Has New Labour abandoned the party’s traditional roots?
Posted by Matt Walker on October 30, 2009
Prior to New Labour, the party had a critique of free market capitalism and suggested various ways in which it could be reformed, such as Keynesianism and the mixed economy, the latter encapsulated in Clause IV of the party’s constitution. New Labour rejected this in favour of support for the free market and deregulation, more akin to Thatcherite conservatism.
They also rejected a redistribution of income from rich to poor in favour of equality of opportunity. Furthermore, New Labour have been far more authoritarian than Old Labour, supporting higher prison sentencing, ASBOS, parenting lessons, and the surveillance culture typified by CCTV cameras and ID cards.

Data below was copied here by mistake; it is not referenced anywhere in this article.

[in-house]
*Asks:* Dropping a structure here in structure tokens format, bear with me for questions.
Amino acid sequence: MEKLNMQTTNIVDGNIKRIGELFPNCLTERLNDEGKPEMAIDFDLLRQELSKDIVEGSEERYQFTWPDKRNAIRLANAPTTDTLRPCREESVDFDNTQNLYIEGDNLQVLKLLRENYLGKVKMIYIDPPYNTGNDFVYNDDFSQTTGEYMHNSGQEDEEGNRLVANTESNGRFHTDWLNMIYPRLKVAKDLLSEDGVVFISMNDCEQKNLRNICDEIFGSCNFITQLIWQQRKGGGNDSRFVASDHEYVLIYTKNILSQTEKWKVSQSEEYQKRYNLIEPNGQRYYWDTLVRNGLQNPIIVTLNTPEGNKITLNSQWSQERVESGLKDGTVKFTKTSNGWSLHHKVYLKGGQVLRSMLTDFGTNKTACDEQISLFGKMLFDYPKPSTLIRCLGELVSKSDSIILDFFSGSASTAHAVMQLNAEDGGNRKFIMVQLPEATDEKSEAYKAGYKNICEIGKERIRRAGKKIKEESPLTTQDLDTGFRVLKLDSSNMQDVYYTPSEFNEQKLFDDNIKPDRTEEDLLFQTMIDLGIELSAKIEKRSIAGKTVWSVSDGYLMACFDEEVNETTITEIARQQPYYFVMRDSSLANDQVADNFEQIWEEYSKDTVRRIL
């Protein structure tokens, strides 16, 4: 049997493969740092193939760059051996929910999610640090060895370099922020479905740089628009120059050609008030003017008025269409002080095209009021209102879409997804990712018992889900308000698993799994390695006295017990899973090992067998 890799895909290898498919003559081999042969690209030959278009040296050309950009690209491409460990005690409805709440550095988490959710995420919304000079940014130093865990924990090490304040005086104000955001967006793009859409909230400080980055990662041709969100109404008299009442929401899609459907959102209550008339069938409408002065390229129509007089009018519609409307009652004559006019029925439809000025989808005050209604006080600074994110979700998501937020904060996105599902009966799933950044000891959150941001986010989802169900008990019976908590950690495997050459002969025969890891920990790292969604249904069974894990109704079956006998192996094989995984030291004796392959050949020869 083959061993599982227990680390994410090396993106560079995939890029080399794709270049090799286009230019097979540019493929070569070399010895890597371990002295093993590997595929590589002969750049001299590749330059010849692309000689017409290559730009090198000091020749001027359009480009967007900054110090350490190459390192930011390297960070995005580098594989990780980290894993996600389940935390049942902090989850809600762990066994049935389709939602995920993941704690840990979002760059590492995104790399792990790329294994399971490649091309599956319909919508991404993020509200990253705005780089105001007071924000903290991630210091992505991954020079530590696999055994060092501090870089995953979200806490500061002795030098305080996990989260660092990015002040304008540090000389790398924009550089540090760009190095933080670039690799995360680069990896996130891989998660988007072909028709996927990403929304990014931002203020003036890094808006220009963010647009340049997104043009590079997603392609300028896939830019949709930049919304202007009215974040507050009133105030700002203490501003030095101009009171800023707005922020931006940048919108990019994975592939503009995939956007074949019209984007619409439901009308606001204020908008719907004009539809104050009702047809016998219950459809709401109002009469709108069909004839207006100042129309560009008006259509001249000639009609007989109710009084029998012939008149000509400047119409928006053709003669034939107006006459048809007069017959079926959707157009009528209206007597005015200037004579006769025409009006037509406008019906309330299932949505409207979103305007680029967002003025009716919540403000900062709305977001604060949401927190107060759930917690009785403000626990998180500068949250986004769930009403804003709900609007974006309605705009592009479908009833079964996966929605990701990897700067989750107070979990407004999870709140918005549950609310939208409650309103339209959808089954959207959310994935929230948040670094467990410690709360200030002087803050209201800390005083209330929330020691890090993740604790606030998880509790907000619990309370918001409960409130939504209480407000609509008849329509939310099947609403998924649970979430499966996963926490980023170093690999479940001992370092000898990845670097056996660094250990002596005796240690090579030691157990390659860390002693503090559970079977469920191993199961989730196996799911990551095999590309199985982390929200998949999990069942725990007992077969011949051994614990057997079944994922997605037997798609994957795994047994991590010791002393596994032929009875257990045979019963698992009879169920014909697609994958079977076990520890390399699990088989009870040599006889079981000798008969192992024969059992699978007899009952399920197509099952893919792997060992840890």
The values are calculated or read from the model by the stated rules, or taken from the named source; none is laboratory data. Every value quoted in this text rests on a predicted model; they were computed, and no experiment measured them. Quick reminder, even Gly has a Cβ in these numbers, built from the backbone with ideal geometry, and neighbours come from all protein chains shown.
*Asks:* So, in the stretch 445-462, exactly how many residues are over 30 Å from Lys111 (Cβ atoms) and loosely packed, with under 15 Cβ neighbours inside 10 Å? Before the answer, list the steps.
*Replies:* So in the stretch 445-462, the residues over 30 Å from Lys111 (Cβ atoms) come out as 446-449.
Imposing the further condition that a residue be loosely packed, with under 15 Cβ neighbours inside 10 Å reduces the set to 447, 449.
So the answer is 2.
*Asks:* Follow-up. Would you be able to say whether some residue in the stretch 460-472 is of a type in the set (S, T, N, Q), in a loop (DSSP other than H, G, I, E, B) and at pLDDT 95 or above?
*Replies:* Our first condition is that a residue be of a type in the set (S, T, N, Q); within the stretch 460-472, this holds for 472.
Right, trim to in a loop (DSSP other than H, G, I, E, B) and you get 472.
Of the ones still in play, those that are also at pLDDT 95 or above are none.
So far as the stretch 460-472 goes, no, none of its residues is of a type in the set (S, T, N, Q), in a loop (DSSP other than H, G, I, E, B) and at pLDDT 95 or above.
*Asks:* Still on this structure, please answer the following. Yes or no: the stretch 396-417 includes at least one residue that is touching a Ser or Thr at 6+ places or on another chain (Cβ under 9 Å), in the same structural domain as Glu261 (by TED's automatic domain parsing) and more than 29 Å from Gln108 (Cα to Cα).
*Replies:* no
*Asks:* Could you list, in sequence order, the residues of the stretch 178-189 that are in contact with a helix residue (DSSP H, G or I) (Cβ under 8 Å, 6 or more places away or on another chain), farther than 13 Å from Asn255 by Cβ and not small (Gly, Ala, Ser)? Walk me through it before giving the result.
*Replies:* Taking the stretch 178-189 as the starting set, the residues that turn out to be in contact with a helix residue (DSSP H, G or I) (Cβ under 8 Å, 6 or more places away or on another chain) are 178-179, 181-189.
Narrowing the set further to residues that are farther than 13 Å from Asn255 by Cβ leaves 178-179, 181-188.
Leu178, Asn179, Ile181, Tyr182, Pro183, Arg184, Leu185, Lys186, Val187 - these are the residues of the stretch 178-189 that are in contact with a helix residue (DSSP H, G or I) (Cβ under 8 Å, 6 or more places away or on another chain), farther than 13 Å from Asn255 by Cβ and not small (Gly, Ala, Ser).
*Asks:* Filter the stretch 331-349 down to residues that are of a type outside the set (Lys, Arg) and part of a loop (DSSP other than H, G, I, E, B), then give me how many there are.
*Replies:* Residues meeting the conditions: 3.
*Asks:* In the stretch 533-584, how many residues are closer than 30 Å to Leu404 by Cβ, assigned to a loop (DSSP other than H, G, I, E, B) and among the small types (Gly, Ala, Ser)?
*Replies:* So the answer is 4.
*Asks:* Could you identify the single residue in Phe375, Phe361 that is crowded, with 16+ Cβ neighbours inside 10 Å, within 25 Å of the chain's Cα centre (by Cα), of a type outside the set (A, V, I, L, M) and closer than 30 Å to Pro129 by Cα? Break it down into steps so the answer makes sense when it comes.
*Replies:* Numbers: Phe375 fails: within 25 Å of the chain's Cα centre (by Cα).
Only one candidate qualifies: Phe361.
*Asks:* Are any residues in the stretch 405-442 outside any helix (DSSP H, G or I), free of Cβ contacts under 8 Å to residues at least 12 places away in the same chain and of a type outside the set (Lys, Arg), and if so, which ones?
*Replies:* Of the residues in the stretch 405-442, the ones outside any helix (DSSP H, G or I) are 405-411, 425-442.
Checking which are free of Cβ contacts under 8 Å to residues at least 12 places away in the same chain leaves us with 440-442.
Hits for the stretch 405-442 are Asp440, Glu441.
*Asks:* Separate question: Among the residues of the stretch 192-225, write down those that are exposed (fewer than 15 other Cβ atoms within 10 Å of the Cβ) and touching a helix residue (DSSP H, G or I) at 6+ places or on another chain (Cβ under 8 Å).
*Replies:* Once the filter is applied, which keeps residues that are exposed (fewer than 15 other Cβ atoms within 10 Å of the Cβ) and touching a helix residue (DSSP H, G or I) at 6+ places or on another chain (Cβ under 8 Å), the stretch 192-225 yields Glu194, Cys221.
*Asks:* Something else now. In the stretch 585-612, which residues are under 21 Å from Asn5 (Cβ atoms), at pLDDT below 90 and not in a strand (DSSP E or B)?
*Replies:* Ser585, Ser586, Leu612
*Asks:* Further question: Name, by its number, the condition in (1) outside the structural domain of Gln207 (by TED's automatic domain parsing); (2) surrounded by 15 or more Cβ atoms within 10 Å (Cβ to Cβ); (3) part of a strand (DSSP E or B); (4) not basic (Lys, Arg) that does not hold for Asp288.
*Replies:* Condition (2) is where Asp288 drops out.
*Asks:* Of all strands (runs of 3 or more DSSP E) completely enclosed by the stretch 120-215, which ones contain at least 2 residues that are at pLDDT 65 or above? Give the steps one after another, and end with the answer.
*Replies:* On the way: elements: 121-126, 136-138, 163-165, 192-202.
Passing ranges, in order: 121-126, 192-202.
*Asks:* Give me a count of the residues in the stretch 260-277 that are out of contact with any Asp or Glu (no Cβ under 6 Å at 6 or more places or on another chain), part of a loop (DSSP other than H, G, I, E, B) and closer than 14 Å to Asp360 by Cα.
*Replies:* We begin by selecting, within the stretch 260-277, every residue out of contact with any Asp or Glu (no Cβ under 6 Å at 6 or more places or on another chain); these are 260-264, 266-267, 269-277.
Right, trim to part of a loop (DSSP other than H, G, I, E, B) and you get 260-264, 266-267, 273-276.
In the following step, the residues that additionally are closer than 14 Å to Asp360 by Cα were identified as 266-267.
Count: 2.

However, it is lazy thinking to just accept this at face value. New Labour have increased public spending massively over the last decade. For example, spending on the NHS has trebled since 1999. Policies such as devolution, the minimum wage, the New Deal for the unemployed, as well as a commitment to end child poverty all seem to be policies which are consistent with Labour’s traditional values. Furthermore, the abandonment of Clause IV was largely symbolic – the Labour Party has never aspired to replace capitalism with a nationalised economy.
Hence, in some policy areas New Labour has strayed from its traditional roots, but in others it has not. When writing essays on this, you will need to weigh-up in your own mind where the balance lies.